C3 has brought 11 of its planned 15 utility applications to market, and it's working on the rest. More importantly, it has built a development platform for IoT applications that Siebel and his company have already proven in the utility industry.
At C3, Siebel has assembled a core development team made up of former Siebel Systems and Oracle employees. (Oracle acquired Siebel Systems in December 2006 for $6.1 billion.) The team has been through several generations of software development disciplines, and debated how best to approach the complex data gathering, collecting, interfacing, and analysis of masses of data off the internet of things.
Some 70 of the company's 105 employees are software engineers. They have taken a model-driven approach in creating an IoT platform that consists of approximately 1 million lines of Java code.
"We are a model-driven architecture," Siebel said, dropping an inch-and-a-half-thick patent application on his office's coffee table during our interview. "We used a completely different generation of software. All those other companies are using structured programming ... and trying to cobble together the pieces."
The approach gives C3 IoT a platform that can combine the use of big data and machine learning applications in order to aid in the collection of data from thousands of different devices. Although the company's primary customers in its first two years have been utilities, it's now also selling its IoT platform to companies in manufacturing, healthcare, and financial services.
Building on a Legacy
Siebel has been adventurous before and found it paid off. For example, his creation of Siebel Systems brought salesforce automation to the IBM mainframe when no one had considered using it for that purpose.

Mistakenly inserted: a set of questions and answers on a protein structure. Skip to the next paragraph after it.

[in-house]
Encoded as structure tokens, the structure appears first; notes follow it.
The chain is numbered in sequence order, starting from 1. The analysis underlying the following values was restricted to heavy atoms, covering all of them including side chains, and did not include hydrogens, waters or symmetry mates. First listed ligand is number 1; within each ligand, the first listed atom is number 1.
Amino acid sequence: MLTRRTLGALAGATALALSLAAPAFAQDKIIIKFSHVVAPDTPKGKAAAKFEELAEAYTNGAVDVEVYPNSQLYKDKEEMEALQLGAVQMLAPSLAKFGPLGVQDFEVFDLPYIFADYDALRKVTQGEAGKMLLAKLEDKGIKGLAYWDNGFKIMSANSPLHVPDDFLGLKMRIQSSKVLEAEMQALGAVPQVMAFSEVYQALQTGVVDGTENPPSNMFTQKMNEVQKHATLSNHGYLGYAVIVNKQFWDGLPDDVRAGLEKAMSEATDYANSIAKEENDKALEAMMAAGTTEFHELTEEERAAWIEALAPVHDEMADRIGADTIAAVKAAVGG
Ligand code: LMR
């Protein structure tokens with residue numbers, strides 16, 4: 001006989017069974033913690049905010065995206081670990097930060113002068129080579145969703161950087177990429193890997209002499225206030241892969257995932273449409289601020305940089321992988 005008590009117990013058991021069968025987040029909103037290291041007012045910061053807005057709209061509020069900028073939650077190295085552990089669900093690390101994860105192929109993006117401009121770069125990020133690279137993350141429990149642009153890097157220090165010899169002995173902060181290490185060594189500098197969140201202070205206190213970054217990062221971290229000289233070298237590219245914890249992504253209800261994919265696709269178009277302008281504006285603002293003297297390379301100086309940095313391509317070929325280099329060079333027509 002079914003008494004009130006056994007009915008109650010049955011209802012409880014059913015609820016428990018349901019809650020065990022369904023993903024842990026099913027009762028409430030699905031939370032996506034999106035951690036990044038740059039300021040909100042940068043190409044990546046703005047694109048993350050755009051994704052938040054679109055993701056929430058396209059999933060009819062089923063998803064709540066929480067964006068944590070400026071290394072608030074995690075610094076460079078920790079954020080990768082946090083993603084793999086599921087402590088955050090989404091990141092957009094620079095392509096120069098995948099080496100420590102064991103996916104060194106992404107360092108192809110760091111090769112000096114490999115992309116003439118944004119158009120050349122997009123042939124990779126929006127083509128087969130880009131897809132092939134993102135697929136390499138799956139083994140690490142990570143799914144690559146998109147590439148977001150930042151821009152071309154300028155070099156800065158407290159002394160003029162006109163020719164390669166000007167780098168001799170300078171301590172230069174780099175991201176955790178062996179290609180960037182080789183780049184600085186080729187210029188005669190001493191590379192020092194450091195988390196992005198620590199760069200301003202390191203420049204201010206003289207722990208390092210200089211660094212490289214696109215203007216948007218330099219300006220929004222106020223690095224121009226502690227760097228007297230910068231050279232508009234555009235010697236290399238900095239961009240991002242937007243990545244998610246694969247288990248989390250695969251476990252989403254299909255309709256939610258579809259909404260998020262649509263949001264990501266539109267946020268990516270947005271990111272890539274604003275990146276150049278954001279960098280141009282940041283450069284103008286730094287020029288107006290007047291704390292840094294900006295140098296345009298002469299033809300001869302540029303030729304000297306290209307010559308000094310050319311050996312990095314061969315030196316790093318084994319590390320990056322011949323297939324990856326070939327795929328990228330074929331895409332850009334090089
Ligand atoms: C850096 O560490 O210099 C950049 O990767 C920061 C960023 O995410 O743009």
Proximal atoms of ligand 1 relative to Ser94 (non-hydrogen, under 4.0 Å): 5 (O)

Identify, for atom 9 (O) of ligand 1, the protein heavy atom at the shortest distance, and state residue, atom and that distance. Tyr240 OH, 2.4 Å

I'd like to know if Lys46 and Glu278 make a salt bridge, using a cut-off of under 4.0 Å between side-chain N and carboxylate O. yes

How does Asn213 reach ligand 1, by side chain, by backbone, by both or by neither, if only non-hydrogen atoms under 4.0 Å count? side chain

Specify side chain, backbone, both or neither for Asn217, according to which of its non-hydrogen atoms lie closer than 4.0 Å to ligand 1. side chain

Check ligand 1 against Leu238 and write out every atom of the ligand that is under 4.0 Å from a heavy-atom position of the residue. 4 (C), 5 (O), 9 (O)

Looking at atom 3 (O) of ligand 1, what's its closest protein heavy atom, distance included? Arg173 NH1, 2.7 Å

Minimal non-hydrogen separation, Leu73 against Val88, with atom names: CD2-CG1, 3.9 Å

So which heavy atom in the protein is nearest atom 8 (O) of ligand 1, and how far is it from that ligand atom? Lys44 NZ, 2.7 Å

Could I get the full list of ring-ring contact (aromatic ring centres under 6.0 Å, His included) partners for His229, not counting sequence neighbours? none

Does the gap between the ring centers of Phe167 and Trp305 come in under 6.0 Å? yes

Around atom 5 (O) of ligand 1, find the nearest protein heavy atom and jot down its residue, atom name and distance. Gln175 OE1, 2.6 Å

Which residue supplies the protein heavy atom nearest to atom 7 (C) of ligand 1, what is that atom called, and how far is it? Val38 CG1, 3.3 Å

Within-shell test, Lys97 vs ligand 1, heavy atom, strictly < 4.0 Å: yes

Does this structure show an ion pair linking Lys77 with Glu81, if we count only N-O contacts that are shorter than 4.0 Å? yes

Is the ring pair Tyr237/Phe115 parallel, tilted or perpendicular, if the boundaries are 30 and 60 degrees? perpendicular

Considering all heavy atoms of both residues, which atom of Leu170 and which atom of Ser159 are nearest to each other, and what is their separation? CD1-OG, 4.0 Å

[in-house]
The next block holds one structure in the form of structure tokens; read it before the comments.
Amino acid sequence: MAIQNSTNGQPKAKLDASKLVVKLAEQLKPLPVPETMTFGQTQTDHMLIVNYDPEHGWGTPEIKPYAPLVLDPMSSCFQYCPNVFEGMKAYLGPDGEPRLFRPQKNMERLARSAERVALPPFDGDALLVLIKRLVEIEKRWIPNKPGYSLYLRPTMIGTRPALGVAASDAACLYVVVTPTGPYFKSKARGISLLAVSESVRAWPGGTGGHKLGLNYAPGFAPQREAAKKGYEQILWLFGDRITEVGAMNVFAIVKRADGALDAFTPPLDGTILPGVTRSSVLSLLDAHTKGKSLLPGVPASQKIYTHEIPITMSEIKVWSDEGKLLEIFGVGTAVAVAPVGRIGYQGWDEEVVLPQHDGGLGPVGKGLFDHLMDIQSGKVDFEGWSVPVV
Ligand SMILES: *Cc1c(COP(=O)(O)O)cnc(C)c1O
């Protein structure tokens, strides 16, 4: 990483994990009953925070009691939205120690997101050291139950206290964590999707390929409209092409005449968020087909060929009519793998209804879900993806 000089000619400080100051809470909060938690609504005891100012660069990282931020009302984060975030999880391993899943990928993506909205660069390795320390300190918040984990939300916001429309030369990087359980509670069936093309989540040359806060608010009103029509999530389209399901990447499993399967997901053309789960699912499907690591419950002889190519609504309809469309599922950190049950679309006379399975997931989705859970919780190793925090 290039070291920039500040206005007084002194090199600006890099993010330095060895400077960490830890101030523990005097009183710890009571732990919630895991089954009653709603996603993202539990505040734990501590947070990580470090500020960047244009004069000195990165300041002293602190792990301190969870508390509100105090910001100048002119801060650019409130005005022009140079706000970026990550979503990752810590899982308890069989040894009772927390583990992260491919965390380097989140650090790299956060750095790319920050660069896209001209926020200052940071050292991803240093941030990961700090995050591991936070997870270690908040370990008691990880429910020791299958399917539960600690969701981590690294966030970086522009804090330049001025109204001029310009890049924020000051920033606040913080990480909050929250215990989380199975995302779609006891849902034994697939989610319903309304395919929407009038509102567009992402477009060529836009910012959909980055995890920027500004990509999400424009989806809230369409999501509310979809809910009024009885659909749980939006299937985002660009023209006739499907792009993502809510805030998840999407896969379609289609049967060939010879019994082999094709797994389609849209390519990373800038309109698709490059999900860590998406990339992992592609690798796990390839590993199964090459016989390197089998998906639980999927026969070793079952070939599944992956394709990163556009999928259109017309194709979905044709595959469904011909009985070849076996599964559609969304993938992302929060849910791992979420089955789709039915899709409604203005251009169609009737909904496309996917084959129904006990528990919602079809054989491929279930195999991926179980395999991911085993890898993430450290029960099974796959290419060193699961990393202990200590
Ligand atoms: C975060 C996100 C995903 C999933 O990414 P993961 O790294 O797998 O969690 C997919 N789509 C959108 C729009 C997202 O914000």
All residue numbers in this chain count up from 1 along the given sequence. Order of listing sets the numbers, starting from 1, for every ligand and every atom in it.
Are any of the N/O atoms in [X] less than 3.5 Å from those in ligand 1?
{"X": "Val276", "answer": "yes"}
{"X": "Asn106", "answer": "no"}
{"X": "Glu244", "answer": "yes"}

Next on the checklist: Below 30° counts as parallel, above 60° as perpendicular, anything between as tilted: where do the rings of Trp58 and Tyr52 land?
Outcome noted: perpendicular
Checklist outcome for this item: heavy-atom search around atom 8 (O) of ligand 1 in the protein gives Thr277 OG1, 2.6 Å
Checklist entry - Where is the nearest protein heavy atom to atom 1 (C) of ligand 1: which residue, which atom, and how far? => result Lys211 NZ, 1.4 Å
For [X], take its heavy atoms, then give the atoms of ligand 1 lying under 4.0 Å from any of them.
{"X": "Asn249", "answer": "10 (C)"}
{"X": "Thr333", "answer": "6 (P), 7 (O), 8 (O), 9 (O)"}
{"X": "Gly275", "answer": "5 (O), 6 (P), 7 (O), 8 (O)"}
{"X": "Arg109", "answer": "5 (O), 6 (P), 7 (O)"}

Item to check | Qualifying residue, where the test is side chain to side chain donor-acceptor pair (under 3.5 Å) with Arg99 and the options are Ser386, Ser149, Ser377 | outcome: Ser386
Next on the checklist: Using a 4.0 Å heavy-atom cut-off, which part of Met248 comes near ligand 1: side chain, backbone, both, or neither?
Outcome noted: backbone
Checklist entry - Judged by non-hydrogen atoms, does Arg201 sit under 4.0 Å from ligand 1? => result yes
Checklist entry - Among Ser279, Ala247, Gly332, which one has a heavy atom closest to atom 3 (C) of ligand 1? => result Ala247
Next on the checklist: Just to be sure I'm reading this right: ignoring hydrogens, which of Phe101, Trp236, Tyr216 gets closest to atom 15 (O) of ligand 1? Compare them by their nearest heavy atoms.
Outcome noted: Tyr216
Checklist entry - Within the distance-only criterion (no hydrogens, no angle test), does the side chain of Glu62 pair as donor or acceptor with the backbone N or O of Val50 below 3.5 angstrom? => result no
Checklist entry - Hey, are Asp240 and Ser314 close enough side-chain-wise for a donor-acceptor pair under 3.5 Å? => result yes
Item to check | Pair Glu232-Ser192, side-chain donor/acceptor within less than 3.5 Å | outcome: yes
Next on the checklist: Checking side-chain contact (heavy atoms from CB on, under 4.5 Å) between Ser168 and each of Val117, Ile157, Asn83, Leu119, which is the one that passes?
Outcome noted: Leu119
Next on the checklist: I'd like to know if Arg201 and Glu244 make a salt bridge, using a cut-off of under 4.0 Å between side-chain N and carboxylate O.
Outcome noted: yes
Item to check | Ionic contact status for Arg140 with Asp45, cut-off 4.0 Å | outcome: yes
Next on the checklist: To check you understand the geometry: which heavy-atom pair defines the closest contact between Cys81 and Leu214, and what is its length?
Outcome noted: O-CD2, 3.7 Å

Siebel graduated from the University of Illinois at Urbana-Champaign with a master's degree in computer science, as well as an MBA. He started out at Oracle, where he was interviewed for a job by Larry Ellison personally and counted himself as employee number 20.
Siebel left Oracle to found Siebel Systems, sparring periodically with Ellison over the years.
Down but Never out
Three years after Oracle bought Siebel Systems, Siebel was on a walking safari in Tanzania, during which he and his guide, who thought they were a respectful distance from the herd, were charged by an alarmed elephant.
The guide was armed with a powerful rifle and had warned Siebel not to run if charged, because a wild animal would then be encouraged to attack them. The elephant rapidly closed the 200 yard distance, ignored the guide firing a shot over its head, seized the guide, cast him 10 feet aside, and proceeded to confront Siebel.
It was then, with elephant so close he could smell it and count the hair follicles in the trunk, Siebel later told Forbes, that he asked himself, "What are we going to do now?"
(Image: Charles Babcock/InformationWeek)
The elephant answered by striking him down, goring him through the thigh with a tusk and stepping on his leg. Siebel survived the attack, but his tibia was broken in so many places that it would require 16 reconstructive surgeries and a long convalescence back in the US.
His current adventure, sallying forth with a new software company into IoT, can't quite match the safari. Nevertheless, Siebel knows he previously enjoyed a big opportunity in launching salesforce automation on the mainframe, and the IoT opportunity is much larger than that.
"We did something important at Siebel Systems and at Oracle too," Seibel said. But if C3 creates a platform that becomes a leader in IoT applications, or sets a cross-industry standard for how to create IoT applications, that "would be a lot more important," he said.
[Editor's note: This article has been corrected with the number of sensors GE hopes to have under management by the end of 2016, according to Siebel, and the number of customers C3 IoT is collecting data from, in the case mentioned.]
Charles Babcock is an editor-at-large for InformationWeek and author of Management Strategies for the Cloud Revolution, a McGraw-Hill book. He is the former editor-in-chief of Digital News, former software editor of Computerworld and former technology editor of Interactive ... View Full Bio